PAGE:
So I’m sure most of you are aware of the Cabbage Patch Kids. Being a child of the 80s, I know I definitely was for quite some time. They were everywhere! You couldn’t turn on the TV or walk into a department or toy store without being bombarded by walls of the dolls themselves and other licensed products. Lunch boxes, school supplies, shoe strings, board games, bed spreads, and even their own Christmas TV special!
Why am I talking about Cabbage Patch Kids? Why not? HEY! Cabbage Patch Kids weren’t JUST for girls, man. Sure, it would’ve been a little weird if I was walking around with Cabbage Patch Kids shoestrings to accompany my Converse Dinosaur high-tops or if I dared bring a Cabbage Patch Kids lunchbox (complete with thermos) to the school cafeteria… Wait, did I..? Well, I’m not so sure about the lunchbox thing, but you can bet your sweet bippy that I didn’t own any Cabbage shoestrings! And yes, I’m shortening the name because typing Cabbage Patch Kids really disrupts my groove. Darn it, I typed it again.
Well, whatever the case may or may not be or not, the Kids themselves favored no gender. They weren’t dolls. They were your kids. Made from your own stuffing and plastic. Well, not technically, because you did have to adopt them afterall with the neato certificate that came with each child, but it was yours to care for nonetheless. Is it wimpy or girly to be a father? No. It is not.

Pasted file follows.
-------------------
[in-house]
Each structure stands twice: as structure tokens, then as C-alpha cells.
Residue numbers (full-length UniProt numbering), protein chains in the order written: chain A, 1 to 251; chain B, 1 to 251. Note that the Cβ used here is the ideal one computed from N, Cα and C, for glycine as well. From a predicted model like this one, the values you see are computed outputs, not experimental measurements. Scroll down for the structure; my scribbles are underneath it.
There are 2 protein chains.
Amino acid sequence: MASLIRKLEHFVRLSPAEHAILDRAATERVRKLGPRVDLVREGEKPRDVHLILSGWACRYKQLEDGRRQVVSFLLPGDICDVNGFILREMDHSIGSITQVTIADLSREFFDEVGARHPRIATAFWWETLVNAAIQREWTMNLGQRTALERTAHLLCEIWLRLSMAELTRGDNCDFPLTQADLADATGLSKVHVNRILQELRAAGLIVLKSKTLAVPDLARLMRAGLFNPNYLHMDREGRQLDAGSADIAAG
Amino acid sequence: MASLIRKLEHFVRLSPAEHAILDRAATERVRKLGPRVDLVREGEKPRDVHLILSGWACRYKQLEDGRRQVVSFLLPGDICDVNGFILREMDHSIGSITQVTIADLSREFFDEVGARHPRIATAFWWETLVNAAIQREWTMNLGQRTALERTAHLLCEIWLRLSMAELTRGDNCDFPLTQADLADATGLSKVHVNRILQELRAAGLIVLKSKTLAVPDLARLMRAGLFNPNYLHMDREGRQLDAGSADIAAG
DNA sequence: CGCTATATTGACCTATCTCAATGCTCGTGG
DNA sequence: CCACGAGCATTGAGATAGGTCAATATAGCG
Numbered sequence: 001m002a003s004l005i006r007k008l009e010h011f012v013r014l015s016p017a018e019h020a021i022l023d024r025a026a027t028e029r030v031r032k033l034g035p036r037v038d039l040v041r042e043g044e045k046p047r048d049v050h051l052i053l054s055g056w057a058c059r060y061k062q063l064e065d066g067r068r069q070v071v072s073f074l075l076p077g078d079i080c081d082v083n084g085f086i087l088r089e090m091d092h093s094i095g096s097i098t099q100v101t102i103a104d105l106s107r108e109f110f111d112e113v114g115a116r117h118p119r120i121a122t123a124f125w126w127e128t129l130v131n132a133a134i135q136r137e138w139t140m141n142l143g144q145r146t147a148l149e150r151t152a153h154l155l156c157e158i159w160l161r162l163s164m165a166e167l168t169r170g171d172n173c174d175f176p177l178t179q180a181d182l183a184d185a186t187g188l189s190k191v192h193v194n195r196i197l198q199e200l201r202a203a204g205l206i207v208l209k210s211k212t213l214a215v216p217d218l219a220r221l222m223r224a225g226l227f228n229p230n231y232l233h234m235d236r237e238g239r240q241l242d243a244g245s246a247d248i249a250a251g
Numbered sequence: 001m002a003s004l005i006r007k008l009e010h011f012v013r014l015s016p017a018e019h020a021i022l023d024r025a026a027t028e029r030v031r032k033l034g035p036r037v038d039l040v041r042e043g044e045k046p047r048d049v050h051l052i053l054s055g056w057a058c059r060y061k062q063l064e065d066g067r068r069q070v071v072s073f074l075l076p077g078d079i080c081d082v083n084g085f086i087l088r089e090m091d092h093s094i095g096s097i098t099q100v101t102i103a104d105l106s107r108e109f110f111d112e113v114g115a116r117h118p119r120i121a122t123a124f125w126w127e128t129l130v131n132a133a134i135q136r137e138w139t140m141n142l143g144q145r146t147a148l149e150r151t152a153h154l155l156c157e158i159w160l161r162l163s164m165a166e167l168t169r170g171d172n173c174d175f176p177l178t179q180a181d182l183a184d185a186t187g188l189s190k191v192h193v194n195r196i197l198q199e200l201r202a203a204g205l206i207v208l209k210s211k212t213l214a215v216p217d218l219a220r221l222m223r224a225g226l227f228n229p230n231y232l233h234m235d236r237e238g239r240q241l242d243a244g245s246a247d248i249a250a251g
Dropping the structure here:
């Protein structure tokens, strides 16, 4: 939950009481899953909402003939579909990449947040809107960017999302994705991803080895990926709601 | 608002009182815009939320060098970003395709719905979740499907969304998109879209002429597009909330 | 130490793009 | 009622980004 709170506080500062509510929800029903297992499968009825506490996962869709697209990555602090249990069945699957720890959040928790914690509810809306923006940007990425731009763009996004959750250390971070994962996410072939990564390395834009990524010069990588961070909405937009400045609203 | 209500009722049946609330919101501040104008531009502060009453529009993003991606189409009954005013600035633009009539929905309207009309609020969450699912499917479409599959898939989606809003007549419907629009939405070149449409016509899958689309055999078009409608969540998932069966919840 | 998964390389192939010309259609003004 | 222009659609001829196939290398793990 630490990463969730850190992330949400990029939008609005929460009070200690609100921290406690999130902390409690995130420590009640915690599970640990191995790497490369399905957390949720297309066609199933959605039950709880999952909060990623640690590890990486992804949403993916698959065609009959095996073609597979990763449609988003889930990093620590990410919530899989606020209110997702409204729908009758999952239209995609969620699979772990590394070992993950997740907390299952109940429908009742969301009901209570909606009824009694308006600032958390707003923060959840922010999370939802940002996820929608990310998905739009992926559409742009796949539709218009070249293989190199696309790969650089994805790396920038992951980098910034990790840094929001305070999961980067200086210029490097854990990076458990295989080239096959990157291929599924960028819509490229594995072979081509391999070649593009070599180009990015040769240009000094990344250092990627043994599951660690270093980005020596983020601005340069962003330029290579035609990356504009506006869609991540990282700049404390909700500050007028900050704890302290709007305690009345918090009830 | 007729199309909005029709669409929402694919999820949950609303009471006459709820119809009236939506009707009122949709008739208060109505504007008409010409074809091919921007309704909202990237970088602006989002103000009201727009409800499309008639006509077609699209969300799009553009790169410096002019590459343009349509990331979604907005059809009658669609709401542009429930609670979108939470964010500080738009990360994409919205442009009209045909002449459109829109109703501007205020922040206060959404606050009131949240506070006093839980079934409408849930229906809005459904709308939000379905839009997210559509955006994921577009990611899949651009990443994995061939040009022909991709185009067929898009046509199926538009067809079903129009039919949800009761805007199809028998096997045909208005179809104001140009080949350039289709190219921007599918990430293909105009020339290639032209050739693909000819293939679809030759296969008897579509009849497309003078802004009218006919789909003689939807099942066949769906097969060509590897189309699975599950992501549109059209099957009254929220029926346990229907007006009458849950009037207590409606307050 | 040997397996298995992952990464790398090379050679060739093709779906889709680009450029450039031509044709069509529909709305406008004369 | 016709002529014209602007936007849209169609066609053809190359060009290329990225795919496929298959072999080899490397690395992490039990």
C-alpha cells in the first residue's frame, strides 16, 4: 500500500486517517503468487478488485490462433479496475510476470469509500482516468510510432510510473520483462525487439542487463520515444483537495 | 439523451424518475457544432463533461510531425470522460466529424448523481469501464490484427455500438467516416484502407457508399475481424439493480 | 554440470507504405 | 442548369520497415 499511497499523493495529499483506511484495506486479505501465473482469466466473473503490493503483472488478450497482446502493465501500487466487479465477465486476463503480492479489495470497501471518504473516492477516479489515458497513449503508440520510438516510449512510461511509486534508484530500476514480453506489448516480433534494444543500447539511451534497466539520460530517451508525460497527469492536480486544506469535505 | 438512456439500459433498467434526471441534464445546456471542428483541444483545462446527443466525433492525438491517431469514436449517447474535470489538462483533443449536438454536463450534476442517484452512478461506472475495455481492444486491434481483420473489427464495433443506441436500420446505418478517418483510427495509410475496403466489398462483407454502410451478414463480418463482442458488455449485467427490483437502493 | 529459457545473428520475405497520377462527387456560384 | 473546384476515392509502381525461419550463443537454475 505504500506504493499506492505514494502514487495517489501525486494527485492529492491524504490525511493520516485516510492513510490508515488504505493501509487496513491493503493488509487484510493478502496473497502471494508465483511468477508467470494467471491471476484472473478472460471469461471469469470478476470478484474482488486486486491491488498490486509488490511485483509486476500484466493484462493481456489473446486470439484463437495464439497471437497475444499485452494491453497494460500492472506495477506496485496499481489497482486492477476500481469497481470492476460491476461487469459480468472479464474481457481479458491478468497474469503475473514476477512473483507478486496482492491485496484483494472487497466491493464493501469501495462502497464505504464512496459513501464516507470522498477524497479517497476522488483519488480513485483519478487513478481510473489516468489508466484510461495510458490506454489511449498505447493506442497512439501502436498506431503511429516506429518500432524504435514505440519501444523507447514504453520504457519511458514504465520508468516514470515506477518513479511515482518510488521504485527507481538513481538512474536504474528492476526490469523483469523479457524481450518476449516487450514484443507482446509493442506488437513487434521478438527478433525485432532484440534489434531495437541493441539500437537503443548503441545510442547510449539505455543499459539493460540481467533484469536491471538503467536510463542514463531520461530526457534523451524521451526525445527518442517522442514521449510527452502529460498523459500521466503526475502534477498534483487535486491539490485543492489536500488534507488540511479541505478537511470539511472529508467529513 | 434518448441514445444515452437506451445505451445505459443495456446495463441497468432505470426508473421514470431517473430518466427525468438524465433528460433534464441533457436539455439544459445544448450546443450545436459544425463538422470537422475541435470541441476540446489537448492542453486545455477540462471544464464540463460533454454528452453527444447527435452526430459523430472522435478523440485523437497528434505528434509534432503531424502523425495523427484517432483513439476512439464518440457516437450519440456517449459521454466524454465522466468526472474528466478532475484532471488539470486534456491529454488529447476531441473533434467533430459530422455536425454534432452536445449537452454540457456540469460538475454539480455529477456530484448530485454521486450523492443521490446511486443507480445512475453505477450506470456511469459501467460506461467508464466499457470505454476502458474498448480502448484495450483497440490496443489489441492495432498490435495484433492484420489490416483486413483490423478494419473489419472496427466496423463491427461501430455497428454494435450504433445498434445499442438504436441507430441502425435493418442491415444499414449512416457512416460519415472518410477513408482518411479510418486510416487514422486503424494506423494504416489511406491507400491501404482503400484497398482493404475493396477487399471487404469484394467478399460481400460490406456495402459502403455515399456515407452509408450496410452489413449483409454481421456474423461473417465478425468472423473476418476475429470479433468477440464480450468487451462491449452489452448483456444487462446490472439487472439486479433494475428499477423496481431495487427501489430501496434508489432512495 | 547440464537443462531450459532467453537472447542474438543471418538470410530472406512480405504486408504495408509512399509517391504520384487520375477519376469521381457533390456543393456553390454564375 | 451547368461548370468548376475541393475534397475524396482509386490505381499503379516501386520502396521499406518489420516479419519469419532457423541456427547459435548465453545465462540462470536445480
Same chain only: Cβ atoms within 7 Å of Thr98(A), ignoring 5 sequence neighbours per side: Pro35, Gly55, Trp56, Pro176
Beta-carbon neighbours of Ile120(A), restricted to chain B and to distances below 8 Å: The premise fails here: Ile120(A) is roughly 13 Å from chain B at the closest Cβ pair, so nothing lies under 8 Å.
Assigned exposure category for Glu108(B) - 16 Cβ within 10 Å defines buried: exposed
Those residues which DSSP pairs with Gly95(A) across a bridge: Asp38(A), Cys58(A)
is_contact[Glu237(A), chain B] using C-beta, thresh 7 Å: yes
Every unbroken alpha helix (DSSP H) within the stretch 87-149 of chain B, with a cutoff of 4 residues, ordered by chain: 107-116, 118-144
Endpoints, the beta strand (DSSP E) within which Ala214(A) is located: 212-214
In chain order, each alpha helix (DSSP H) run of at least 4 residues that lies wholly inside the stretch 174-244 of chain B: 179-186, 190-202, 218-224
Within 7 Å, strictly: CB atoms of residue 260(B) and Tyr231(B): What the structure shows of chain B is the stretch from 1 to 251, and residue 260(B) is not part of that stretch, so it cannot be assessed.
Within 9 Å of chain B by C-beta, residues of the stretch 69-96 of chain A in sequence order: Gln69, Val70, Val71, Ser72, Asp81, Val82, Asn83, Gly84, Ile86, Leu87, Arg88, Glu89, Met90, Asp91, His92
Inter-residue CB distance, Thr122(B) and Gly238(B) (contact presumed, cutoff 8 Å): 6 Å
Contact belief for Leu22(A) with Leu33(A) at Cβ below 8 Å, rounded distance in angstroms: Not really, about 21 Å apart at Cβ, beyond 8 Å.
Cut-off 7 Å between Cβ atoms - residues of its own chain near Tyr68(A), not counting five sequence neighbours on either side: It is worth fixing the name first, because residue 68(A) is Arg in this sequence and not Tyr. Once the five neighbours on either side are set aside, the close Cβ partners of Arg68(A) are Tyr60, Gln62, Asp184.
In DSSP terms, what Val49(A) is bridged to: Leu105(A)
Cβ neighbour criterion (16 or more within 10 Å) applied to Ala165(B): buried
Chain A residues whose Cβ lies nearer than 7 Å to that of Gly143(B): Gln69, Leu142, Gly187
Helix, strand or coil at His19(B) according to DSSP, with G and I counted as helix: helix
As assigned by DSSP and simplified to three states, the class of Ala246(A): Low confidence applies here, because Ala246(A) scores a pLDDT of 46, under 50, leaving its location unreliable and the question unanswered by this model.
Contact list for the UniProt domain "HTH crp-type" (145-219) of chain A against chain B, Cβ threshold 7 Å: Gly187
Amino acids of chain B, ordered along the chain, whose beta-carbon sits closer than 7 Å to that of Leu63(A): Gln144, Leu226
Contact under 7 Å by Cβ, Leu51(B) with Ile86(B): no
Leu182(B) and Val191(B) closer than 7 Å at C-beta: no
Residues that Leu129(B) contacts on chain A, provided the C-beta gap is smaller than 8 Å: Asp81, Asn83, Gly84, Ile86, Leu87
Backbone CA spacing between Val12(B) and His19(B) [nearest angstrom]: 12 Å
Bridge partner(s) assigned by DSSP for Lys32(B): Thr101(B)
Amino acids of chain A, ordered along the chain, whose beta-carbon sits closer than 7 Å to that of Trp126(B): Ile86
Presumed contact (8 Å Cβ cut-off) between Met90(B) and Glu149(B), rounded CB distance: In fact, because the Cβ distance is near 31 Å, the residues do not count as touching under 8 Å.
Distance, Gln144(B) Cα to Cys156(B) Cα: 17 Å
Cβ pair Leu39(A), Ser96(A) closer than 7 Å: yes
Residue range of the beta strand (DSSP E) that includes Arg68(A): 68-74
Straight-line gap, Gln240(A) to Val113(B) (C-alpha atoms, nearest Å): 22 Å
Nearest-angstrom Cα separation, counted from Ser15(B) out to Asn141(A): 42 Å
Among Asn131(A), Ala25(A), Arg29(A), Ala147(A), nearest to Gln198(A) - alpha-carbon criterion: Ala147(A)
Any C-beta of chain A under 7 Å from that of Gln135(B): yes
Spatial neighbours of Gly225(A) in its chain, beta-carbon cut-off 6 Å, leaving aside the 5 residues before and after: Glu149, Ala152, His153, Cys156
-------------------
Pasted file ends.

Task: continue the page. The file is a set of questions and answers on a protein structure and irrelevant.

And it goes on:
I remember my first (and only) Cabbage Patch Kid was a bald SOB, not unlike Stone Cold Steve Austin. I’m not sure of the exact year, the Kids hit the scene in a big way in 1983, but I’m thinking I got this one a few years later, probably ’87 or so which would’ve put me at 5 for most of the year. It’s strange how much we don’t remember from the first 5 years of our life, but the random things that we DO remember, such as me eating peanut butter sandwiches for dinner (because there were many times I didn’t like what my mom was making) and sitting down in front of the TV and watching Double Dare with the family den’s window A/C unit running full blast in our first house. See? Random stuff like that. Heck, I may have even gotten the Kid earlier than ’87, but all I know is that the Kid was in my care for quite some time.